A Decade of Proven Viability
For the last decade, the GuitarViol has proven to be a viable alternative medium of musical expression. It is not merely a hybrid between Guitar and Viola (bowed guitar), it has a timbre and range of expression all it’s own! For the guitar player, and alternative strings player, it opens up a whole new world of musical possibilities. It’s distinctive sounds have provided sonic tapestry in such movies as “300” “Day the Earth Stood Still” “Watchmen“ “Iron Man“ “Curious George“, TV’s “CSI Miami“(CBS), and True Blood (HBO) to name but just a few. It continues to be in demand by film composers and sonic artists. (Some studio queue sheets even specify “GuitarViol!“) Other players, from World music to Rock have embraced it’s “other worldly” sounds. in some cases, careers have been built with this instrument as the devotee’s “calling card”. A true niche.
The Guitar Viol (*“GuitarViole” in Français, tuned EADGBE, BEADF#B or other variants of guitar tuning sequence) is distinct from its ancestor cousins, the Viola Da Gamba and the even lesser known Arpeggione. The decidedly semi-guitar playing stance, steel strings, and frets allow for “guitar” string bending/vibrato techniques associated with 20th century blues/rock guitarists (unthinkable on instruments intended to be played in Violin, Cello, or Viola Da Gamba playing stances or treatments). Further, advanced techniques allow for “fretless at will” techniques (drag and glissando a la violin). Other advanced bow techniques allow for complex multi-phonic harmonics that can be described as “well controlled Hendrixian feedback without the loud amp stacks”. A single musical phrase can include an ethereal open chord bow sweep arpeggio, guitar bend, sliding violin glissando, and controlled multi-phonic harmonic (for instance). That is just the tip of the iceberg! One bowed note can bring so many emotionally expressive sound….. But, one does have to practice! The journey is so worth it!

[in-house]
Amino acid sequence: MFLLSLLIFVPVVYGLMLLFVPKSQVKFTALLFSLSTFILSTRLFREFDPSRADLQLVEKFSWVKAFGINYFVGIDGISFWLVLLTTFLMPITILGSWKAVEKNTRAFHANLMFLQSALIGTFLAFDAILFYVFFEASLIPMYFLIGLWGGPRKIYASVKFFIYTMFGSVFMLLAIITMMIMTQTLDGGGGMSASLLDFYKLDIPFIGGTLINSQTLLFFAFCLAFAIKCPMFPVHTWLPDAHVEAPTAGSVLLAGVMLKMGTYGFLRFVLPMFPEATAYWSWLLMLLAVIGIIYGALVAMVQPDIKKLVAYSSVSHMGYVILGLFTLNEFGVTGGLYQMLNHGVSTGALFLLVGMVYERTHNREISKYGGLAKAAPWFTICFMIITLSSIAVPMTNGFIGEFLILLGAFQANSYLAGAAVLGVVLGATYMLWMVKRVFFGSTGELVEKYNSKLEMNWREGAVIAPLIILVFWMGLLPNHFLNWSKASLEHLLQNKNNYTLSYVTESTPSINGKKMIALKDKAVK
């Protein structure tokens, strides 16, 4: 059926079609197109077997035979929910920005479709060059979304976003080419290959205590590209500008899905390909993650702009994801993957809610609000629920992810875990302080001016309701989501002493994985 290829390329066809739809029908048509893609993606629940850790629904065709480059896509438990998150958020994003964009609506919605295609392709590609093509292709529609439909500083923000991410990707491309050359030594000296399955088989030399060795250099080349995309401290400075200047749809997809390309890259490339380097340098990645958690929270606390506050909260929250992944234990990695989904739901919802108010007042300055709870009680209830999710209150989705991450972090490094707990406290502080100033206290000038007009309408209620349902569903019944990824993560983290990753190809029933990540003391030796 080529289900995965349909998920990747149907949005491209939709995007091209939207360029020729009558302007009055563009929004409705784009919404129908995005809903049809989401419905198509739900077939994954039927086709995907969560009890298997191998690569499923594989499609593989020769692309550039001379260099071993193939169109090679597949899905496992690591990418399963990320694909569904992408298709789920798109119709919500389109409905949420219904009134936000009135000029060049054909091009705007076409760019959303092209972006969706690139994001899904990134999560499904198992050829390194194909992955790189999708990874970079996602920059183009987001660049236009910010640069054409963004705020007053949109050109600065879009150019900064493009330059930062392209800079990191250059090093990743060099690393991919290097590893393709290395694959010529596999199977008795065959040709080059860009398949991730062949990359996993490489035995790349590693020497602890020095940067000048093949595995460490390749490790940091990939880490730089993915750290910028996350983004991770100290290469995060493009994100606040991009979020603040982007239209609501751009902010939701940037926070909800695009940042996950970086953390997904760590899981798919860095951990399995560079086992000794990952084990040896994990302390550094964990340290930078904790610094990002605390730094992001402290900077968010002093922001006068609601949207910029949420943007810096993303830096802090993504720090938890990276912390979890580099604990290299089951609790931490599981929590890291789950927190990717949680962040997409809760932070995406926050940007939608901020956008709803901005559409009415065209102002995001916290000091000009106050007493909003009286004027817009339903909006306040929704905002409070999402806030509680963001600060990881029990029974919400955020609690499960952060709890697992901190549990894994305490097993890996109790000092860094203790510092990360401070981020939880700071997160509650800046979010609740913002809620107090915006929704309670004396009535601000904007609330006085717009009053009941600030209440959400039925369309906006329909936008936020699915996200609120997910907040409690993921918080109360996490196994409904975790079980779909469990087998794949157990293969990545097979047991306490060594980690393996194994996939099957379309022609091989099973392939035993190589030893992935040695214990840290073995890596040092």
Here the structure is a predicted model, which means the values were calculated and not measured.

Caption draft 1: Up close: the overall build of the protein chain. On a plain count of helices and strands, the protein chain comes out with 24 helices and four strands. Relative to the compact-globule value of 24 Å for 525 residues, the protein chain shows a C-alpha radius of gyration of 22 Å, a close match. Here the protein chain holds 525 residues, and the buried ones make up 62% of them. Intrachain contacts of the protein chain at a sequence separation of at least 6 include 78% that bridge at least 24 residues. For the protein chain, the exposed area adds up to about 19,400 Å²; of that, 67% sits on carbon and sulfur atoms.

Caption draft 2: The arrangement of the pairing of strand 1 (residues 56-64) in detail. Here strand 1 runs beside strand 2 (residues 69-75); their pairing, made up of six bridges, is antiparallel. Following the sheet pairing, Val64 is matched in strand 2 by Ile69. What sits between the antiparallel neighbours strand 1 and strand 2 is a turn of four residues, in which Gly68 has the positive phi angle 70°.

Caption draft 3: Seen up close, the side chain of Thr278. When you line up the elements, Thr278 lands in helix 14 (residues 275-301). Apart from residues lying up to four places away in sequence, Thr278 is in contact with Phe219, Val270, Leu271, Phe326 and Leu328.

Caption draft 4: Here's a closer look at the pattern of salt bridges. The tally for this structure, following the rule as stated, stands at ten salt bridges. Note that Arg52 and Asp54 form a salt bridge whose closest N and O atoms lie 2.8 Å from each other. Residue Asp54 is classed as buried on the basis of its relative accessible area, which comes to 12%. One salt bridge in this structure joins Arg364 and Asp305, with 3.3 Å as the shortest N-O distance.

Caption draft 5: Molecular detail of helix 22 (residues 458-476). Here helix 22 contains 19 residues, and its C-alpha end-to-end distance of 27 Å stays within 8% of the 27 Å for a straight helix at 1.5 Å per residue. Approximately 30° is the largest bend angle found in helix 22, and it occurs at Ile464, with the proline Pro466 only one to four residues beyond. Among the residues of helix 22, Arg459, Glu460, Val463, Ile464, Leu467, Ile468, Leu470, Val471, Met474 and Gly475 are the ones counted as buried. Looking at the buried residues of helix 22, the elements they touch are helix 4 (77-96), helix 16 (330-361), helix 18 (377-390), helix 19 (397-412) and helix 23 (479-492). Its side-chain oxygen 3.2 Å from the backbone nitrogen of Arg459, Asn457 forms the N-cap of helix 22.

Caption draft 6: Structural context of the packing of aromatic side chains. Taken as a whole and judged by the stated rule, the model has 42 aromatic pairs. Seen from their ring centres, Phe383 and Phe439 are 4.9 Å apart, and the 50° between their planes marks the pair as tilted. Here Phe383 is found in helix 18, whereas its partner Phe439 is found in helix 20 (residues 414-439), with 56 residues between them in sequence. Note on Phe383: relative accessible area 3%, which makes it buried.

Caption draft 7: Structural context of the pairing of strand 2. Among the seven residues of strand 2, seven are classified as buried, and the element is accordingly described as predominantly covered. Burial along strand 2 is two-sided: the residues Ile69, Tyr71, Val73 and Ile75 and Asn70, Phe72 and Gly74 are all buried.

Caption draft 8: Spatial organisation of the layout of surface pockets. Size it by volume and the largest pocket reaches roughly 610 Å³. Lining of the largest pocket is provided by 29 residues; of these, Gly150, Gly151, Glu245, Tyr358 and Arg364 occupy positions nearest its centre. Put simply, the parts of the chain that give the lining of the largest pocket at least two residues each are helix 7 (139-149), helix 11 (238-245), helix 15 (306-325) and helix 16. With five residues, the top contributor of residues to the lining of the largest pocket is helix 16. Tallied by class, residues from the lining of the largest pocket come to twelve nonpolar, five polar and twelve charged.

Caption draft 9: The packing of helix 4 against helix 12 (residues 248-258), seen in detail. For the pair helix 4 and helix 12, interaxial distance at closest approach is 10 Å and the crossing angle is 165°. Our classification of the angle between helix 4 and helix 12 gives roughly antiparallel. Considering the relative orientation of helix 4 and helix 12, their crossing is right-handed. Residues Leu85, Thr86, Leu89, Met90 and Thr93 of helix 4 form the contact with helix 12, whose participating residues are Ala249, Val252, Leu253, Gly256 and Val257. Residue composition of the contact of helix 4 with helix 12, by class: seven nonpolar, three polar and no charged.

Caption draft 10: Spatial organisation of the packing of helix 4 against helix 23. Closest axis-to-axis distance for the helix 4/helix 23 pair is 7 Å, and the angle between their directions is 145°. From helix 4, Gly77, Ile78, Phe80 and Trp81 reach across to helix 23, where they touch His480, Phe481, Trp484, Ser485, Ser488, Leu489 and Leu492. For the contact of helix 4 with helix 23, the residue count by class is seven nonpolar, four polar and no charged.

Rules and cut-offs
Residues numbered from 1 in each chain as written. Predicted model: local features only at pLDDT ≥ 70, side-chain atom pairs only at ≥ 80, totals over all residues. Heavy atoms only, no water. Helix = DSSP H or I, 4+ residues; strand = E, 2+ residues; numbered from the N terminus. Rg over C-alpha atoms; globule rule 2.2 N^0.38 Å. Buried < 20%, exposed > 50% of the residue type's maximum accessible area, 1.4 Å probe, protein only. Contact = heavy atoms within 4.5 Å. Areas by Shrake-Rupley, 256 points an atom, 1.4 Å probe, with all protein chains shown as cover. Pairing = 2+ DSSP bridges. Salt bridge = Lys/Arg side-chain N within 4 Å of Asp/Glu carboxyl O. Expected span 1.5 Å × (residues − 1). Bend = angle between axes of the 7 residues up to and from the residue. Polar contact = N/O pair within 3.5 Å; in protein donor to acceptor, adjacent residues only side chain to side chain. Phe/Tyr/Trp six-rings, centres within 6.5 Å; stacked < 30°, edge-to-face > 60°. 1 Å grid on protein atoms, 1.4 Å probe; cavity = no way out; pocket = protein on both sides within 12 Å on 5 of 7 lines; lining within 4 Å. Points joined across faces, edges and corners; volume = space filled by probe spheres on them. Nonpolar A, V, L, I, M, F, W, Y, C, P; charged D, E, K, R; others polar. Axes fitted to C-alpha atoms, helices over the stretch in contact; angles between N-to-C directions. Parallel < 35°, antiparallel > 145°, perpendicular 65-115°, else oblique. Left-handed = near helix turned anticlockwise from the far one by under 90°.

Jonathan Wilson began this quest in the early to mid 1980’s (in boarding school) when dreaming of ways to achieve bowed sounds to his Fender Stratocaster (other than volume knob swells and high volume feedback techniques). By 1989, he committed to this path while reading a brief paragraph in an encyclopedia describing the “Arpeggione” (A six string fretted cello invented by Johan Staufer, and tuned to the guitars sequence of intervals EADGBE). At that moment, it was as he was struck by lightening and a long hard road began. Snubbed by tradition constrained luthiers and classical musicians, he persevered and in late 1993 had a prototype built by another luthier. After playing this instrument 9 years hence and battling some design shortcomings, he was convinced that the only way he could get it right was to build it himself. Having been a well regarded guitar repairman in music stores for many years, it was a natural fit. Before long, some prominent film composers sought out his instruments and the TogaMan GuitarViol was born! The rest is history….. More History